Later, when I was working in a tertiary library; I worked closely with many highly respected academics.  Despite their skills within their own area of expertise; they would regularly ask me to come in and teach their students how to find information, and for help with their own research.  One academic called librarians a “guide on the side”… that is, we were there to guide the user through the maze of information retrieval and management.  We help the user to gain skills so that they too can learn how to retrieve information… and therefore become a “lifelong learner”.  This academic was vocal that her expertise was in academia, and mine was in information seeking… she saw them as complementary, rather than conflicting, skill sets.

Why I mention all of this seemingly irrelevant waffle; is that I realise that I place absolutely no value in Allison (or any therapists) ability to be a “guide on the side” during my healing process.  I don’t trust their skill, intelligence, or abilities.  This, despite researching their qualifications, seeing their skills in action, and being nearly six years into therapy.  Part of this is because I have seen a couple of therapists whom I didn’t respect their intelligence… basically, I could destroy them in an argument.  But a greater part of the problem, is my need for control.  I don’t trust anyone else to tell me what to do – that got me into too much trouble when I was young; and, more importantly, my ability to escape into my head was my saving grace as a child.  It’s where no one could touch me, and where I could control what happened.  It became my coping mechanism… I entered school and realised that intellectualisation was something to be valued… suddenly there was something I could do that would get me approval on a grade sheet…  My imagination, coping and intellect became something that I could control, and now a therapist wants to come in and mess with that?  No way was that going to happen!

Then, last week, I had a Twitter conversation which helped me to rethink how I was viewing Allison, and all therapists… I made the leap from thinking of therapy as this thing that happened “to” people, to being an interaction that I could relate to… I put it into context of the intelligent gentleman who came and asked me about how to build an aviary.  Something clicked internally, and I could see that I was walking into Allison’s office as that man… I came in wanting to “have a life worth living”, and I was walking over to the “life” section of the library; but what I really needed, were the sections about self soothing, nutrition, boundaries, physical health, etc.  Without all of those basics, the “life” that I built would always be hollow and meaningless.  I would always be falling back into dysfunction, and struggling to find meaning in what I was doing.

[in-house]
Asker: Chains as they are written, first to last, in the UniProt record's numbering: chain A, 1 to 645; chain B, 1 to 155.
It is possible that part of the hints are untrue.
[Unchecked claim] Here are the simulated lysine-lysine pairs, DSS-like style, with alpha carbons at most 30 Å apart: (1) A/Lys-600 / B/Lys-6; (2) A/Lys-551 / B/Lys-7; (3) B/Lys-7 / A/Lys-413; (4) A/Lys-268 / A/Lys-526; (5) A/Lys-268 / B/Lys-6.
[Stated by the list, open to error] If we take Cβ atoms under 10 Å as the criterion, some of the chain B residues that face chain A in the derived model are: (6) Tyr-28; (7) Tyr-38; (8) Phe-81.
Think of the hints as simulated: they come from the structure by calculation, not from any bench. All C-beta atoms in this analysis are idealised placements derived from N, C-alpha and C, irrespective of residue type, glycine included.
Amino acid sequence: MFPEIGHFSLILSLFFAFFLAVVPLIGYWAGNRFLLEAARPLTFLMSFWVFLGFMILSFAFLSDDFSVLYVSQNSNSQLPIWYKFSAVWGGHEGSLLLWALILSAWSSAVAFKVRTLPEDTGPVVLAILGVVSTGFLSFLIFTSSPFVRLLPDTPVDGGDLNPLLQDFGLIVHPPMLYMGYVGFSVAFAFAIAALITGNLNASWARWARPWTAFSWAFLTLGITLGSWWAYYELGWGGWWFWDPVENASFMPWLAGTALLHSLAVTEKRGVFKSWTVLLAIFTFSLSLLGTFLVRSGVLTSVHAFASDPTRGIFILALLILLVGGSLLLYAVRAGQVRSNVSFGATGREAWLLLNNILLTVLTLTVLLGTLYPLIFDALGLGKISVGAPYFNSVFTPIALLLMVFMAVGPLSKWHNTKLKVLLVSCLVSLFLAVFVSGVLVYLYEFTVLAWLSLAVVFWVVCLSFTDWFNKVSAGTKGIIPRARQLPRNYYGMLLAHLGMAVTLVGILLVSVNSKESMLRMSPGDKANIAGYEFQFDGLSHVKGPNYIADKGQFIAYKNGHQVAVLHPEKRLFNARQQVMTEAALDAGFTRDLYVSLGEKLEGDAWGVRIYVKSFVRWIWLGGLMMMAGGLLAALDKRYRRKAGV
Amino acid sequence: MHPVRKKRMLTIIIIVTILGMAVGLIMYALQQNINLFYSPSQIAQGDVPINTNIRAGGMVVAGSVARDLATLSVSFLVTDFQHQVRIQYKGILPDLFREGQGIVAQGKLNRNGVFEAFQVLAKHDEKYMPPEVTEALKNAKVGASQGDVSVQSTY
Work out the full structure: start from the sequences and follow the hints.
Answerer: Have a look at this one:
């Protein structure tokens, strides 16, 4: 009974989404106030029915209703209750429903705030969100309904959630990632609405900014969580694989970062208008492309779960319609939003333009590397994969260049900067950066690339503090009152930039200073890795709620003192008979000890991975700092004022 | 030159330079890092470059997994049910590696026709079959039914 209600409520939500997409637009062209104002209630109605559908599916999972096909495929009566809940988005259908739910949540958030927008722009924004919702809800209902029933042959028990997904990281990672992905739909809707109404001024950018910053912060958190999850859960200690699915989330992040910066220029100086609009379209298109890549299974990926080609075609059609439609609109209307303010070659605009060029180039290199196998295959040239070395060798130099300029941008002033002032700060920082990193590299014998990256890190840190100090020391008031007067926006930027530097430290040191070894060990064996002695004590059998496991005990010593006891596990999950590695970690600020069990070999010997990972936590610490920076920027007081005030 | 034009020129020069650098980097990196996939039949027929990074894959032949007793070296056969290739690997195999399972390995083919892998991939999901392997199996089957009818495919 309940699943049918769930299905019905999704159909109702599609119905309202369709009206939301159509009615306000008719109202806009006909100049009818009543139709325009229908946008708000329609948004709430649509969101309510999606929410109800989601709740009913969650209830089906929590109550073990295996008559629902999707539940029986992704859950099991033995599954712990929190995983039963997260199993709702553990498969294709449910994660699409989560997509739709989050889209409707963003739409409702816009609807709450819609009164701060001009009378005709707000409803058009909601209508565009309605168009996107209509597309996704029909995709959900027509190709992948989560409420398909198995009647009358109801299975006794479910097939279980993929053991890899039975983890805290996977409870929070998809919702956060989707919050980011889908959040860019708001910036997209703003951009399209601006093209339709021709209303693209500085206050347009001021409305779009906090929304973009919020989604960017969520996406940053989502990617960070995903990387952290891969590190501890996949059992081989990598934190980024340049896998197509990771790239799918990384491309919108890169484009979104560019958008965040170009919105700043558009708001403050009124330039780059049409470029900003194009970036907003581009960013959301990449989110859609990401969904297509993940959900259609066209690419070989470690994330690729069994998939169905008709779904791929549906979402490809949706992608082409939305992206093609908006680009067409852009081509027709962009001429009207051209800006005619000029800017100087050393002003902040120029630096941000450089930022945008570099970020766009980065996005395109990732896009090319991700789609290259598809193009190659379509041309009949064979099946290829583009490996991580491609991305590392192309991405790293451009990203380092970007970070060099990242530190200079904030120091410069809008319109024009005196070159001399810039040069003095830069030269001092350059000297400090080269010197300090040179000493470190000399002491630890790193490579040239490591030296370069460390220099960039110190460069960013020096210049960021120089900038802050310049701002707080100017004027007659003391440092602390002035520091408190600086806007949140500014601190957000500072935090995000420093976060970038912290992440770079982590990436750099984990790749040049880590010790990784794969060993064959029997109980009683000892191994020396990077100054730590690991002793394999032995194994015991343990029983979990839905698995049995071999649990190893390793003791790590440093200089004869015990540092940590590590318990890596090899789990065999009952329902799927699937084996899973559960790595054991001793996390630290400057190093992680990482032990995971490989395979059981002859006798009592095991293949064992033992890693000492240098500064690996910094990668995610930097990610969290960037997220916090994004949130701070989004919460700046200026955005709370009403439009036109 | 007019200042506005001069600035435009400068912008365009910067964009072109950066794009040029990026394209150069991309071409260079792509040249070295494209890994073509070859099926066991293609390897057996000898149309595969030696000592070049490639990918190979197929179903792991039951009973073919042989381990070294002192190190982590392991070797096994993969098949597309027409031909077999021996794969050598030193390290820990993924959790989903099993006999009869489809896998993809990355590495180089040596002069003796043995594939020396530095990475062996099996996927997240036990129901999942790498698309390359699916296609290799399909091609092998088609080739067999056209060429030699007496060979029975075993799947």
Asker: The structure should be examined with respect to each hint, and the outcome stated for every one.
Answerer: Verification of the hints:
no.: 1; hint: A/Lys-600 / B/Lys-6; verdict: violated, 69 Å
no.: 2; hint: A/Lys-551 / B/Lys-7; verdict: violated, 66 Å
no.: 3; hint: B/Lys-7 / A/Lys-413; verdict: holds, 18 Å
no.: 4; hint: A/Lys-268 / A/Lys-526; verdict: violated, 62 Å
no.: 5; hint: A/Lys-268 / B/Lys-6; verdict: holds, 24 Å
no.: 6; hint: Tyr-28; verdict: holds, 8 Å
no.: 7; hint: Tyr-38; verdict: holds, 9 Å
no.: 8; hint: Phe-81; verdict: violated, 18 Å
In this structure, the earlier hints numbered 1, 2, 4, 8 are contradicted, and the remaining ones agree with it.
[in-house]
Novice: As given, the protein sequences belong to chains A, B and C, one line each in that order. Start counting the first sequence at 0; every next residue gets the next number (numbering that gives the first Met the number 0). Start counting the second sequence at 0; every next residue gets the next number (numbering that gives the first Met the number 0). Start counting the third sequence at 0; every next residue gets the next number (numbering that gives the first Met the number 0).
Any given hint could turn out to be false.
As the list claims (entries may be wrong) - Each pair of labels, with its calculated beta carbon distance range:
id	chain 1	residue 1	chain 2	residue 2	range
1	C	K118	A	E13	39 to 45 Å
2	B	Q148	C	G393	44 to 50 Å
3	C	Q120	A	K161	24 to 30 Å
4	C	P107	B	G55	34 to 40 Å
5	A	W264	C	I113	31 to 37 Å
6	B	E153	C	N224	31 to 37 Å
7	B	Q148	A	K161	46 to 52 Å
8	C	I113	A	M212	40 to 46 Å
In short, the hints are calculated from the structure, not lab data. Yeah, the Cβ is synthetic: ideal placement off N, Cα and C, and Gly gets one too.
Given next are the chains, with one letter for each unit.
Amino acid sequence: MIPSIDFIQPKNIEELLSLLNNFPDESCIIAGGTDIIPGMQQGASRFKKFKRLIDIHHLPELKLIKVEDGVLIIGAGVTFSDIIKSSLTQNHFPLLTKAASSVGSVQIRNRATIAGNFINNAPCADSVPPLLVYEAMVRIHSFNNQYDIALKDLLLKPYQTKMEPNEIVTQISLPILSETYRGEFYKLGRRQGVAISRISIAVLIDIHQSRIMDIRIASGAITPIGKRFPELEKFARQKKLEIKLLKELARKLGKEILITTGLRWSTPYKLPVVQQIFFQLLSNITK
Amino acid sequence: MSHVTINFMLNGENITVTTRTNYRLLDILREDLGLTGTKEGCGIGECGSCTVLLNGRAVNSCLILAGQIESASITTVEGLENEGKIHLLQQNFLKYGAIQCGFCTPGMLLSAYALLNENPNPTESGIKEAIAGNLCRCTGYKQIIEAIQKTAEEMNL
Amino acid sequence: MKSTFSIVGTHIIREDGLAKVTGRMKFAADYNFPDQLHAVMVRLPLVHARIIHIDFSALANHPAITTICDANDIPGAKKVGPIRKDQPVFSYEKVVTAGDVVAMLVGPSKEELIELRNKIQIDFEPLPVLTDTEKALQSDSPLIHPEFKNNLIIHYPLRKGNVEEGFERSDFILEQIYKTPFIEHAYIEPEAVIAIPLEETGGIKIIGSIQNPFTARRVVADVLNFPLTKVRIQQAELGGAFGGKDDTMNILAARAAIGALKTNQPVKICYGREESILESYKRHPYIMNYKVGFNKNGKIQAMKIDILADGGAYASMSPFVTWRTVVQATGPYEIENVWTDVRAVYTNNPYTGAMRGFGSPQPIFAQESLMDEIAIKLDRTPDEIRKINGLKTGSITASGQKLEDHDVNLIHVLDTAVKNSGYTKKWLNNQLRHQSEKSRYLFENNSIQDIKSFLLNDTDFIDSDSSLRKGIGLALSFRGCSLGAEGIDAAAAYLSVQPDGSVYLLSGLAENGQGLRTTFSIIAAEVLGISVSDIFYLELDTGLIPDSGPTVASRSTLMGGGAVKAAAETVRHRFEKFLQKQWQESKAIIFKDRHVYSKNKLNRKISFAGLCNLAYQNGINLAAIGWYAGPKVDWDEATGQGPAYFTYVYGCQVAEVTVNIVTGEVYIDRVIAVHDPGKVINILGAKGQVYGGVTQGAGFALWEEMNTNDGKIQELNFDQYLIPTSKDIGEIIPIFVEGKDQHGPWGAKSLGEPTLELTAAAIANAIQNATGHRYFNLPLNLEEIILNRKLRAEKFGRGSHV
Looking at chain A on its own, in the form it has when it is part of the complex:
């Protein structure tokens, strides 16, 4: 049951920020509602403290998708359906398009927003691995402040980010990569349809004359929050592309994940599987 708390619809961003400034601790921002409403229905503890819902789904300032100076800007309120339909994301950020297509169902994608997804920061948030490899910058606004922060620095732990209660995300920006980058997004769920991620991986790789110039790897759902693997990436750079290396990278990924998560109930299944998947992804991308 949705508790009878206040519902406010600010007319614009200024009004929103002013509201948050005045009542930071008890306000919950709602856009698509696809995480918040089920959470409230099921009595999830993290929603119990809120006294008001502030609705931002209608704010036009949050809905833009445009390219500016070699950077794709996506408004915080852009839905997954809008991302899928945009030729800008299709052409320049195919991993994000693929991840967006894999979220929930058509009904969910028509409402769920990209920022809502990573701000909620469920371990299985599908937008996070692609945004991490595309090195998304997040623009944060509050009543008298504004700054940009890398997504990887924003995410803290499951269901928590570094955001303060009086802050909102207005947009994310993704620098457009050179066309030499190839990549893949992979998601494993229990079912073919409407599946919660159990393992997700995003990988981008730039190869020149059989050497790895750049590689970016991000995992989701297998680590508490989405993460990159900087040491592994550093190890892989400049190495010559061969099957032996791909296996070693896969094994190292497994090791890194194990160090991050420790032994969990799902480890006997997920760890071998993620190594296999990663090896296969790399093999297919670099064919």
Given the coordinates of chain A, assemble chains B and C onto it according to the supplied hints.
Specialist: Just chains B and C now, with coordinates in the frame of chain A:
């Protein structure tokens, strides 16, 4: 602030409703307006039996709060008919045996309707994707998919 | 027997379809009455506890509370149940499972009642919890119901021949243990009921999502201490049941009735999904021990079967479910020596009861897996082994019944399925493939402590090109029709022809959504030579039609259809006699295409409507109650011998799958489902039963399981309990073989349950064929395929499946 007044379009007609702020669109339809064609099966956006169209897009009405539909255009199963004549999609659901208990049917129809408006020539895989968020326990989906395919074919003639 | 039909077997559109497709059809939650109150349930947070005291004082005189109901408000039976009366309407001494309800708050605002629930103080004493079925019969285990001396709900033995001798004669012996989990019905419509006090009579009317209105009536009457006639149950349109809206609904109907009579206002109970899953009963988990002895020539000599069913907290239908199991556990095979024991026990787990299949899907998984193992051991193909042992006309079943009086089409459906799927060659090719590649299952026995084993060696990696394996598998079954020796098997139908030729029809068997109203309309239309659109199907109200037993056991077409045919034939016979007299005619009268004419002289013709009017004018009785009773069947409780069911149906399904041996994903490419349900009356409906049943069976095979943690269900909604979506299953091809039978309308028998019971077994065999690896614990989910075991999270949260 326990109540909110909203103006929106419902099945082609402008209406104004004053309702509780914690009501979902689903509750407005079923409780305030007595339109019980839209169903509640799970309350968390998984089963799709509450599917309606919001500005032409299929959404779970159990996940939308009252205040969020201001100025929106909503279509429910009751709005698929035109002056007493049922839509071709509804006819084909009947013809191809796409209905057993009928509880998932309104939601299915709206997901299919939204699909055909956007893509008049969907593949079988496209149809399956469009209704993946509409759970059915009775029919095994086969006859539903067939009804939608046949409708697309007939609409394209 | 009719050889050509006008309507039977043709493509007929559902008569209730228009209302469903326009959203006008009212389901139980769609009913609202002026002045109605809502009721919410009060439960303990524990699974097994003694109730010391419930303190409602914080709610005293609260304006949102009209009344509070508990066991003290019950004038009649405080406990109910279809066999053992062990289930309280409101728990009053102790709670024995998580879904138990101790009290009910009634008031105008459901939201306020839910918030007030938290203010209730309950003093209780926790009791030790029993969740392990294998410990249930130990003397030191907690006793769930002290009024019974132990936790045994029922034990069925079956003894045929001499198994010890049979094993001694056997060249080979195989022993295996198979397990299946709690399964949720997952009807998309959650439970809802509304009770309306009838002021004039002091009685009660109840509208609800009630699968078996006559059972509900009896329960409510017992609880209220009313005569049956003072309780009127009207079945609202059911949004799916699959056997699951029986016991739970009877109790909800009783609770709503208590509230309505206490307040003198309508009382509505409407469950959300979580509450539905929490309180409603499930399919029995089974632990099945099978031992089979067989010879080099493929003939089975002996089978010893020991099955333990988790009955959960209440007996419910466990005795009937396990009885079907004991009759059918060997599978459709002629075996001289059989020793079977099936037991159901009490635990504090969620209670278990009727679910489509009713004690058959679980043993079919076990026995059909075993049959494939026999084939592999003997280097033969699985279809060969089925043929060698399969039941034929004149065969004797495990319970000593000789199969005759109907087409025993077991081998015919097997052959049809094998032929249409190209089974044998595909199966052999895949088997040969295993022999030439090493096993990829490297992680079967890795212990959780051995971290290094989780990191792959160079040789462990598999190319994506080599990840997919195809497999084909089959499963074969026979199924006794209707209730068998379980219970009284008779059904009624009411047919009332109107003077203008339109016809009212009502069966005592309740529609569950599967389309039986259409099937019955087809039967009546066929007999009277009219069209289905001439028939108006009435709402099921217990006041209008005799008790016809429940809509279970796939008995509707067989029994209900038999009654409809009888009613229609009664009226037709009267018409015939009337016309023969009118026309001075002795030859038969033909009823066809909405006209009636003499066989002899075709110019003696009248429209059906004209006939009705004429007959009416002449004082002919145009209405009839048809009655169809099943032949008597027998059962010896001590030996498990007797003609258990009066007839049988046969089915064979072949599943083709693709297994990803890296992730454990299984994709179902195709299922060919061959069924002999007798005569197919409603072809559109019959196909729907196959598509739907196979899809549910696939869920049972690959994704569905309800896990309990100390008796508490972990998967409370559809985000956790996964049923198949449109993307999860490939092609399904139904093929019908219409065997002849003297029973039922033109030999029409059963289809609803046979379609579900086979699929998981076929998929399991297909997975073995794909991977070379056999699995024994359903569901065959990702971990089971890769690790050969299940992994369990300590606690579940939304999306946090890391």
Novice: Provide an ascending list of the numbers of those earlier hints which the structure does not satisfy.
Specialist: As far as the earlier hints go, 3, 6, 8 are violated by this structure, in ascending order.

What does this mean?  Well, Allison has said several times that it’s her job to guide me through the healing process… my response has been to roll my eyes, and go do some more research… difficult, me? Never!  Yes, this is the sort of thing that the poor woman puts up with every week.  I now know, that what I have to do is ease back on that control, and put some trust in her skills.  I need to realise that she is my “guide on the side” in healing… I can, and will, still question everything; but I need to listen, and have more patience.

Sounds pretty simple for a sarcastic, control freak… right?

A special thanks to my Twitter buddies who helped me realise this… probably without even knowing what you were doing!

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Now playing: Taylor Swift ft. The Civil Wars – Safe and sound
via FoxyTunes